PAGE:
vilna

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See also: vilnā, viļņa, and Vilna

Latvian[edit]

Etymology 1[edit]

See vilns

Noun[edit]

vilna m

  1. (dialectal form) genitive singular form of vilns

Etymology 2[edit]

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 Vilna on Latvian Wikipedia

Wikipedia lv

Aitas vilna (1)
Vilnas dzija (2)

From Proto-Baltic *wilnā, from Proto-Indo-European *h₂wĺ̥h₁neh₂. Cognates include Lithuanian vìlna, Old Prussian wilna, wilnis (skirt [< made of wool]), Old East Slavic вълна (vŭlna), Russian dialectal волна (vólna, wool, woolen fabric), Belarusian воўна (vóŭna), Ukrainian вовна (vóvna), Bulgarian вълна (vắlna), Czech vlna, Polish wełna, Proto-Germanic *wullō (Gothic 𐍅𐌿𐌻𐌻𐌰 (wulla), Old High German wolla, German Wolle, English wool), Hittite ḫulana-, Sanskrit ऊर्णा (ū́rṇā) (from *ul̥), Ancient Greek λῆνος (lēnos) (Doric λᾶνος (lānos), Latin lāna (Spanish, Italian lana, Romanian lână, Portuguese ).[1]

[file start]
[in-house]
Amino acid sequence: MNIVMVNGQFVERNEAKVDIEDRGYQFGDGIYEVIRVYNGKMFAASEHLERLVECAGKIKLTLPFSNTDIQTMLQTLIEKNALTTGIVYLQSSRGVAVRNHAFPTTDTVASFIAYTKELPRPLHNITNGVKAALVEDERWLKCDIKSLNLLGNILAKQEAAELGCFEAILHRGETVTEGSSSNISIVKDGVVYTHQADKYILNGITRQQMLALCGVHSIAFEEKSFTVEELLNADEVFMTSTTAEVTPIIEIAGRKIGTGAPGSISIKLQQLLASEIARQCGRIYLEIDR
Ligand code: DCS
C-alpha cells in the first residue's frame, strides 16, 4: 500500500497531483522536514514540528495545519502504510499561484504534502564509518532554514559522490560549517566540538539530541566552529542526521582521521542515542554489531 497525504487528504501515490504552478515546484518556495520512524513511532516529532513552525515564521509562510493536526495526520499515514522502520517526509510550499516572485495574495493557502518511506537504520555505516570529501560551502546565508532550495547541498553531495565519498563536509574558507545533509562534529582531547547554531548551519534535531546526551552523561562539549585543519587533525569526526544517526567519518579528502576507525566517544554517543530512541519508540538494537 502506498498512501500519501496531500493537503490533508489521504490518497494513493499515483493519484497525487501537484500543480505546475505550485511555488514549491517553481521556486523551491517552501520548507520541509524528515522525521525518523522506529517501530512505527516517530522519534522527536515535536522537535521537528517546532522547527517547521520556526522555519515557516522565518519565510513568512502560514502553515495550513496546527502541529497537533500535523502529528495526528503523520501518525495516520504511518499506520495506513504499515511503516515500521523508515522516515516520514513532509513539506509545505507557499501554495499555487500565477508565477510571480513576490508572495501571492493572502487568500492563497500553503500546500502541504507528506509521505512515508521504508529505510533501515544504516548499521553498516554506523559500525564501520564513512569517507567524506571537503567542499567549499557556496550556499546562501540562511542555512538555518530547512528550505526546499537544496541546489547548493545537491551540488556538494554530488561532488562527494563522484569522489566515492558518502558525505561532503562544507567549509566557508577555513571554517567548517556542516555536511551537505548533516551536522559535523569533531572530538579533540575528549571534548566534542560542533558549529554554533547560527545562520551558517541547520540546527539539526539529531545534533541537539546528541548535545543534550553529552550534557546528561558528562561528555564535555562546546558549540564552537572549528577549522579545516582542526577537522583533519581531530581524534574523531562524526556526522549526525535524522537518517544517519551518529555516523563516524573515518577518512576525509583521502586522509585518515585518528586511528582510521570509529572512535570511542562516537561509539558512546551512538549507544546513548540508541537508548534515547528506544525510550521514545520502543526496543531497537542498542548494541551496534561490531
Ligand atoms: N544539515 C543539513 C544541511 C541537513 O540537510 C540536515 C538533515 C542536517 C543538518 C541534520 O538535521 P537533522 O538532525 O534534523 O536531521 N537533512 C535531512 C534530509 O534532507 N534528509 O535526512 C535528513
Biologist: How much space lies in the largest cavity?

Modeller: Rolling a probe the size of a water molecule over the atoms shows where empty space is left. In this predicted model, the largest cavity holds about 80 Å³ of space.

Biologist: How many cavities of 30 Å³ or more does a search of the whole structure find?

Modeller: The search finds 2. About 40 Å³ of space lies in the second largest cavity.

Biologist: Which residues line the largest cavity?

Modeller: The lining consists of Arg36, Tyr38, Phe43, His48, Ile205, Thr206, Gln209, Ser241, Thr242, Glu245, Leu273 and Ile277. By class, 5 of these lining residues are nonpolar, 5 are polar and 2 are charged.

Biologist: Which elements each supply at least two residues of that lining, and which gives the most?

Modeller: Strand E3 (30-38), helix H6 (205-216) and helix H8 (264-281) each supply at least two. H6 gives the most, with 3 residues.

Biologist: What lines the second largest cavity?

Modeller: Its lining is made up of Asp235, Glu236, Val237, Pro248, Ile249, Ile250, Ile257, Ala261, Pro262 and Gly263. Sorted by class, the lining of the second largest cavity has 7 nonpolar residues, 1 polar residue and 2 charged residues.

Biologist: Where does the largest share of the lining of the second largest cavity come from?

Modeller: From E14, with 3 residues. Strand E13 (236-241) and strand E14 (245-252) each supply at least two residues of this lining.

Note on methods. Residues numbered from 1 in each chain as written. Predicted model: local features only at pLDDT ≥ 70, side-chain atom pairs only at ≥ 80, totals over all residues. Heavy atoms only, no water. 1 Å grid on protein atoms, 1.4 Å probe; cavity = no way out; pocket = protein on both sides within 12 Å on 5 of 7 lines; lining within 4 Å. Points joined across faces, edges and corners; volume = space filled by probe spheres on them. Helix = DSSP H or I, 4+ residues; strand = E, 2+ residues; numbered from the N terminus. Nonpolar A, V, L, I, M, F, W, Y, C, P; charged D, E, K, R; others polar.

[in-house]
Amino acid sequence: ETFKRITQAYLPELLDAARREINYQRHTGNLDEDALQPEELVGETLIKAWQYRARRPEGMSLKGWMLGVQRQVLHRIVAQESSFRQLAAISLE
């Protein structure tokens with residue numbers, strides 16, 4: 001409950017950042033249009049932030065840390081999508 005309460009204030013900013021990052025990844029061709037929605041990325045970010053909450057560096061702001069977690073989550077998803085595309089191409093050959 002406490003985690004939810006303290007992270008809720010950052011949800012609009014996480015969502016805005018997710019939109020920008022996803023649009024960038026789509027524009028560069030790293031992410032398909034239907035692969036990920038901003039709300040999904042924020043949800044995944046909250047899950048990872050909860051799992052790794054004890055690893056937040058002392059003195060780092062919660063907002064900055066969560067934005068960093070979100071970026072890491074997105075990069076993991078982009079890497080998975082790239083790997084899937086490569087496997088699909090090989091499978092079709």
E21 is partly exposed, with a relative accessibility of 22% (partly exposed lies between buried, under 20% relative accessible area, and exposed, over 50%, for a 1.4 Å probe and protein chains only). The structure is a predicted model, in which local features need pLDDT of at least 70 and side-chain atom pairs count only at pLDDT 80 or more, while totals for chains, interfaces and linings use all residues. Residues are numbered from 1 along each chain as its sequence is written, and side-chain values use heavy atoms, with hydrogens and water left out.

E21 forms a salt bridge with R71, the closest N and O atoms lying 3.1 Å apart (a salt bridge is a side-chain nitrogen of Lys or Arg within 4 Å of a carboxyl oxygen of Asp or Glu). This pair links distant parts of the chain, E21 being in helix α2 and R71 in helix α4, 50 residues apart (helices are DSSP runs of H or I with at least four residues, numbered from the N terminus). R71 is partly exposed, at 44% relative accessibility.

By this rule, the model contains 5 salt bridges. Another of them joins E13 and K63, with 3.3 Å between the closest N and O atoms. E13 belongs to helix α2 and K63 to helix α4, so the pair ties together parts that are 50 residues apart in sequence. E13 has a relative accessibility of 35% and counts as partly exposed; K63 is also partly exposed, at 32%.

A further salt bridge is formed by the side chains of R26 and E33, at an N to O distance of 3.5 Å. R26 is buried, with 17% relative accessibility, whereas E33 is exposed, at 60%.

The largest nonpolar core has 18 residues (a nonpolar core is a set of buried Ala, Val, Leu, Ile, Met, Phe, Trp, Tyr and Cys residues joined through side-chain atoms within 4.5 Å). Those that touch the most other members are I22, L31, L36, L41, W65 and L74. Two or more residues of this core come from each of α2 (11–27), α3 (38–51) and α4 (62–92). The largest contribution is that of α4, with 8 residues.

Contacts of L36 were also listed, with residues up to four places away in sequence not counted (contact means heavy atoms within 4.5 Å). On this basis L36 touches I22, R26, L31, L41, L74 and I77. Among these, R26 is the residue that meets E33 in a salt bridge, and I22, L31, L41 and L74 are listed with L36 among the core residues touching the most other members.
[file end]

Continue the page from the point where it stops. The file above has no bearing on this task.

Pronunciation[edit]

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Noun[edit]

vilna f (4th declension)

  1. wool (the hair of certain animals (especially sheep)
    aitas vilna — sheep wool
    bieza, gara vilna — thick, long wool
    cirpt vilnu — to shear wool
    kārst vilnu — to card wool
    vērpt vilnu — to spin wool
  2. wool (something made of this animal hair: yarn, fabric, clothes)
    vilnas dzija, audumswool yarn, fabric
    vilnas cimdi, zeķes, segawool gloves, socks, blanket
    vilnas lakats, kleitawool scarf, dress
Declension[edit]

References[edit]

  1. ^ “vilna” in Konstantīns Karulis (1992, 2001), Latviešu Etimoloģijas Vārdnīca (Rīga: AVOTS) ISBN: 9984-700-12-7.

Lithuanian[edit]

Etymology[edit]

From Proto-Indo-European *h₂wĺ̥h₁neh₂.

Noun[edit]

vìlna f (accent paradigm 1)

  1. wool

Declension[edit]